THE Supreme Court on Wednesday issued notice to the Uttarakhand police and the Delhi police on a petition against the recently held ‘Dharm Sansad‘ at Haridwar and Delhi last year where alleged hate speeches were made against the Muslim community.
A three-judge bench of Chief Justice of India (CJI) N.V. Ramana and Justices Surya Kant and Hima Kohli passed the order on a petition filed by Qurban Ali, a senior tri-lingual (Hindi, Urdu, and English) journalist, and former Patna High Court judge Anjana Prakash.
The bench also granted liberty to the petitioners to move an appropriate representation before the authorities concerned against any scheduled ‘dharam sansads’. This followed after senior advocate Kapil Sibal appearing for the petitioners urged the Court to give an early date for hearing the petition as more ‘dharm sansads’ were likely to take place.
Sibal argued that if no quick preventive steps are taken, similar ‘dharm sansads’ planned to be held in Aligarh, Una, Dasna, and Kurukshetra, amidst elections in some states, would go on uninterrupted and such events would vitiate the entire country’s atmosphere, besides being contrary to the values and ethos of this democracy.
During the hearing, the bench, after referring to the official report, observed that there are similar matters pending before a different bench. Kaleeswaram Raj, another counsel, who is appearing for an intervenor in a connected case on hate speech, sought to clarify that those matters, pending before another bench (presided by Justice D.Y. Chandrachud in the Sudarshan TV case) are generally on hate speech, but not specifically on the issue of ‘dharam sansad’.
The CJI expressed his reluctance to intervene in this petition because there “are already enough legal provisions” to deal with the menace, and the court had earlier given its directions earlier in similar matters. He was responding to Sibal’s plea to lay down the law for holding of ‘Dharm Sansads’, asking what law was lacking, which was not laid down earlier. Sibal clarified that there is no law which would deal with this “kind of hate speech”.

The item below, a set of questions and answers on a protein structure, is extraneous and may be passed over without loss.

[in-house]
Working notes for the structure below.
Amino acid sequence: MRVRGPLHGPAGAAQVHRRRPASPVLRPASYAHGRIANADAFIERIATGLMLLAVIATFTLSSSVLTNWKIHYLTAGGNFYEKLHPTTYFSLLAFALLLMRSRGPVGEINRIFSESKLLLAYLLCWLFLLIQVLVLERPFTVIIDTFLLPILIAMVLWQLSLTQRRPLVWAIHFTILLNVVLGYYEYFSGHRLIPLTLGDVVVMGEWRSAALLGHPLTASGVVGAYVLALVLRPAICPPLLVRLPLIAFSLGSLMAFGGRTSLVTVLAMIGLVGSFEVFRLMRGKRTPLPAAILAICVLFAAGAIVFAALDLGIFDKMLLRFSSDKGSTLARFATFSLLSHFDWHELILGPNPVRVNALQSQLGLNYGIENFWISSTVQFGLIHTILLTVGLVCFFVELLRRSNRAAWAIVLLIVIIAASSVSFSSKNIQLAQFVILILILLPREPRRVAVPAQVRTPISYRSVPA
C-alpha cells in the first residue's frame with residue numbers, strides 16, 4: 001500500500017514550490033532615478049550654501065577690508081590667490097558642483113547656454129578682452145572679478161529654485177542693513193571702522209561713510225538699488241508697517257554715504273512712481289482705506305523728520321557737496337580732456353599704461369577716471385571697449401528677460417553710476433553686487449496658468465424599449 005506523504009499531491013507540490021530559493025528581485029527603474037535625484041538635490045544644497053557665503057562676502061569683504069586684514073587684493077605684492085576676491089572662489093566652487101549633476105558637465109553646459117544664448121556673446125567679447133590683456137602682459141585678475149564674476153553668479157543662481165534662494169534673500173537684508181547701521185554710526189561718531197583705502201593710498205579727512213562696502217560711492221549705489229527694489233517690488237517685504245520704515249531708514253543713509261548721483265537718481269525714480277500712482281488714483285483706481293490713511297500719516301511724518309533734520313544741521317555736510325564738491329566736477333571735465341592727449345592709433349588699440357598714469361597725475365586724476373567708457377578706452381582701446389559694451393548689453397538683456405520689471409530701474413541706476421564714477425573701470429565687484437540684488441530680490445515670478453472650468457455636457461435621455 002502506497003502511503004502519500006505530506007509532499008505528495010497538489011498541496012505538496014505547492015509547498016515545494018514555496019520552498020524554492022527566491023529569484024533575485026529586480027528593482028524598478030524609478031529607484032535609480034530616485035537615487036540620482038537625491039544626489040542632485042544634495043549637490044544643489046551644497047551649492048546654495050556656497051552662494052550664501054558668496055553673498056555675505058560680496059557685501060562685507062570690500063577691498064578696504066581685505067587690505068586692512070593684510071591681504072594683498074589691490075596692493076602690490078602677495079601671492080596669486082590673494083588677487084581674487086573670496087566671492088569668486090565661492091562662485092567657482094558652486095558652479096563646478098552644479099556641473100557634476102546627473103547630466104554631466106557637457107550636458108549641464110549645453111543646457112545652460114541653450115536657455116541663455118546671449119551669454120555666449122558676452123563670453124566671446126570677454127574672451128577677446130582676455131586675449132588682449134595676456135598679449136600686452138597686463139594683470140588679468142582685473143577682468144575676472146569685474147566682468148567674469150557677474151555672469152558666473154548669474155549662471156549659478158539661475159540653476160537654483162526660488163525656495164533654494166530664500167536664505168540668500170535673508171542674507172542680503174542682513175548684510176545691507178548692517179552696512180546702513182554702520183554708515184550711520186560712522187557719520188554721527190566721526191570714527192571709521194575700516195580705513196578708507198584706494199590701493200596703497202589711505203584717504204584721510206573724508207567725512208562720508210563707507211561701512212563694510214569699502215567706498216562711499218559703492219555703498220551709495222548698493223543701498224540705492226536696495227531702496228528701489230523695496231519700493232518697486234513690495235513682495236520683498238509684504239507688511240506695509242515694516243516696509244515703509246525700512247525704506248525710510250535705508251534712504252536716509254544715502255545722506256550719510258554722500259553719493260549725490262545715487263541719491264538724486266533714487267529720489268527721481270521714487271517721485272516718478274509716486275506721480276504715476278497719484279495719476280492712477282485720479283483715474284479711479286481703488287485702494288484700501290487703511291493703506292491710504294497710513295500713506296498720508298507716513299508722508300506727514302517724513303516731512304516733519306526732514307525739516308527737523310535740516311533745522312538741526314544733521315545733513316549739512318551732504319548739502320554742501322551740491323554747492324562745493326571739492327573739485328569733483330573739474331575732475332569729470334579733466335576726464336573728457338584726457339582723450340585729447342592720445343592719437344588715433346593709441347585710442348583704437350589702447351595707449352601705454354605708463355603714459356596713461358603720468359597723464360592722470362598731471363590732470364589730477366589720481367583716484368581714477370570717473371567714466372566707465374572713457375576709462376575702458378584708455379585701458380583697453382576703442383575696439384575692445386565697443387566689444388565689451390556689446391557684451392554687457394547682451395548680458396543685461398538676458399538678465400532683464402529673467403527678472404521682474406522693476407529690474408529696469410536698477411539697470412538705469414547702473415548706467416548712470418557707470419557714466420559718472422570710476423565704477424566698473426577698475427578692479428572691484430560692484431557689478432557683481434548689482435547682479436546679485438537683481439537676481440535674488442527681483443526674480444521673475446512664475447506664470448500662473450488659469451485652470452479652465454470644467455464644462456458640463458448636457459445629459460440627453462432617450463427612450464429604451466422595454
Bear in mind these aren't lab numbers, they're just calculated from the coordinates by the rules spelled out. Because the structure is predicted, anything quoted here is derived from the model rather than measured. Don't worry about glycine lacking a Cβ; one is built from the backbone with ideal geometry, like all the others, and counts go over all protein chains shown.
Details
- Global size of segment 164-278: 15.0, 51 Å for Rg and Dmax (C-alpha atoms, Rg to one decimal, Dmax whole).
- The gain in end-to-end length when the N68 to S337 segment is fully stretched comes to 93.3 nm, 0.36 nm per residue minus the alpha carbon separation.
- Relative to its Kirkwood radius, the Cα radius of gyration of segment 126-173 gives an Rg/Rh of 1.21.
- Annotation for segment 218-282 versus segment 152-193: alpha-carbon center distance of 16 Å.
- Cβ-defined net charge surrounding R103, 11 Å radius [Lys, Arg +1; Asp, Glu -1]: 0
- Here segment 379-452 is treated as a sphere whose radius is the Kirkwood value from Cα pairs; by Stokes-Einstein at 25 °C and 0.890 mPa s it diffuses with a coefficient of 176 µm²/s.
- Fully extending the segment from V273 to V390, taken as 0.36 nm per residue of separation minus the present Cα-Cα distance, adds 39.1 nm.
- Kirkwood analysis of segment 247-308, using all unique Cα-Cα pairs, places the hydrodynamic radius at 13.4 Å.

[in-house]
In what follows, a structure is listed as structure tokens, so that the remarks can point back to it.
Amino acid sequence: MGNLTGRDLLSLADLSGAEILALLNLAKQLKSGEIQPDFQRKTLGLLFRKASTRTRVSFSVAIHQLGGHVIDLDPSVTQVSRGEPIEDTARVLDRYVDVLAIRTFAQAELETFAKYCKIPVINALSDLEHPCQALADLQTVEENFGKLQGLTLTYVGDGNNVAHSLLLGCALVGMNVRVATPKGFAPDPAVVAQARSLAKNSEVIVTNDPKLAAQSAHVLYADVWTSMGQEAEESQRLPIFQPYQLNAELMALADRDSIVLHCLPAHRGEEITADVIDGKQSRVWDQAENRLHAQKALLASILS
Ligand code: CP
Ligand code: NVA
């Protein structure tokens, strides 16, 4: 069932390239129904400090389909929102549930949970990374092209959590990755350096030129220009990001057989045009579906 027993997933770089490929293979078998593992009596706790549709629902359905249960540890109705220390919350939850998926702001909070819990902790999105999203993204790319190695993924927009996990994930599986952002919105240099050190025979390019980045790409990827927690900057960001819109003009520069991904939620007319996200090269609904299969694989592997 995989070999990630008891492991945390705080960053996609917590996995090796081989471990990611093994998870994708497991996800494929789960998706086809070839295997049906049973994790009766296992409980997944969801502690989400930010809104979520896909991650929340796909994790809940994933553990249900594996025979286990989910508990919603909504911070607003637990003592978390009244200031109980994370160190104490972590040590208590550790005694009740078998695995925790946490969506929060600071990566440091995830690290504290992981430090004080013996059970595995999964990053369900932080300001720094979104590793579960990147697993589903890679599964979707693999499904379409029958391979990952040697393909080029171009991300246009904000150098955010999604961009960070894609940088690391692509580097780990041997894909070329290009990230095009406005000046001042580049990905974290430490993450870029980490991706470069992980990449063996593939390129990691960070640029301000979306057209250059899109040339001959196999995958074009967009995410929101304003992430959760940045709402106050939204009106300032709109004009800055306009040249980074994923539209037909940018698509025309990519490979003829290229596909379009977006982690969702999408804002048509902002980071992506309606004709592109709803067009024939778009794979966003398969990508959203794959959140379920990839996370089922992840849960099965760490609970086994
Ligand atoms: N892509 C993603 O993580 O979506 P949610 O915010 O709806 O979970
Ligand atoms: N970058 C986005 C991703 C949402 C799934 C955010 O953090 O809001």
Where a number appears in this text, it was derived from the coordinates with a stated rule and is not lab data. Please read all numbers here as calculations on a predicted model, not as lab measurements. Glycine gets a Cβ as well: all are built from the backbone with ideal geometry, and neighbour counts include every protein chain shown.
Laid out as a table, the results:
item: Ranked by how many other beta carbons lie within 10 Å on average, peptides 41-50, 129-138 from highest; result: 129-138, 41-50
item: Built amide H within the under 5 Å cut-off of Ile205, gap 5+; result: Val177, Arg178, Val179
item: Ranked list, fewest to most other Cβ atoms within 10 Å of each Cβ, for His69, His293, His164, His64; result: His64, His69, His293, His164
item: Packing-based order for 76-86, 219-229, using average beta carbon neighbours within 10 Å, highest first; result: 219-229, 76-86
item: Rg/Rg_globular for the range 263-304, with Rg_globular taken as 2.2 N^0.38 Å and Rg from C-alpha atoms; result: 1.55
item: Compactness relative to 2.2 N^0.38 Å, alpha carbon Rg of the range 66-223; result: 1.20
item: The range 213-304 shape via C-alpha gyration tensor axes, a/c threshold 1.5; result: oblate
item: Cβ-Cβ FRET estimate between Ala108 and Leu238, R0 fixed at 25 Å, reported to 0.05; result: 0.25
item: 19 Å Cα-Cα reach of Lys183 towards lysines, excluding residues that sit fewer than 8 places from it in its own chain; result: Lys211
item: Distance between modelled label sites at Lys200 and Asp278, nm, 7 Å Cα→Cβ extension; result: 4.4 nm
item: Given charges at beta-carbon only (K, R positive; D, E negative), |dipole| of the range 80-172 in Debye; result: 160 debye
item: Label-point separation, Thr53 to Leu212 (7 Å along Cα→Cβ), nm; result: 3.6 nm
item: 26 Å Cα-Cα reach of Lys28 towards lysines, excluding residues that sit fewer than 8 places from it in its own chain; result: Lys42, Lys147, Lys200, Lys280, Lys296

When senior advocate Indira Jaising argued on behalf of Tushar Gandhi (Mahatma Gandhi’s grandson), she underlined that the Supreme Court’s earlier directions in the cattle mob-lynching case were not complied with by the authorities, because of which the Court’s intervention was sought in this case. Jaising sought to submit that preventive, punitive and preventive guidelines laid down in Tehseen Poonawalla vs. Union of India (2018) were not being followed in letter and spirit, and had the same been followed, such a ‘dharm sansad’ would not have taken place. “ Relevant provisions were not invoked by the police in this case. Had they been, they would not have come to this Court”, she told the bench
Although he was unconvinced by the counsel’s pleadings that the incident of ‘Dharm Sansad’ constitutes a distinct hate speech case in itself which requires the court’s extraordinary intervention to ensure swift punishment of the guilty, the CJI agreed that the bench would issue notice, and later if it discovers that it is similar to other matters, it will tag it with them.
Ali and Prakash, in their petition, have flagged two events where hate speeches were delivered: one in Haridwar organised by one Yati Narsinghanand, and another in Delhi by an organization self-styled as ‘Hindu Yuva Vahini’. These events were held between December 17 and 19 last year.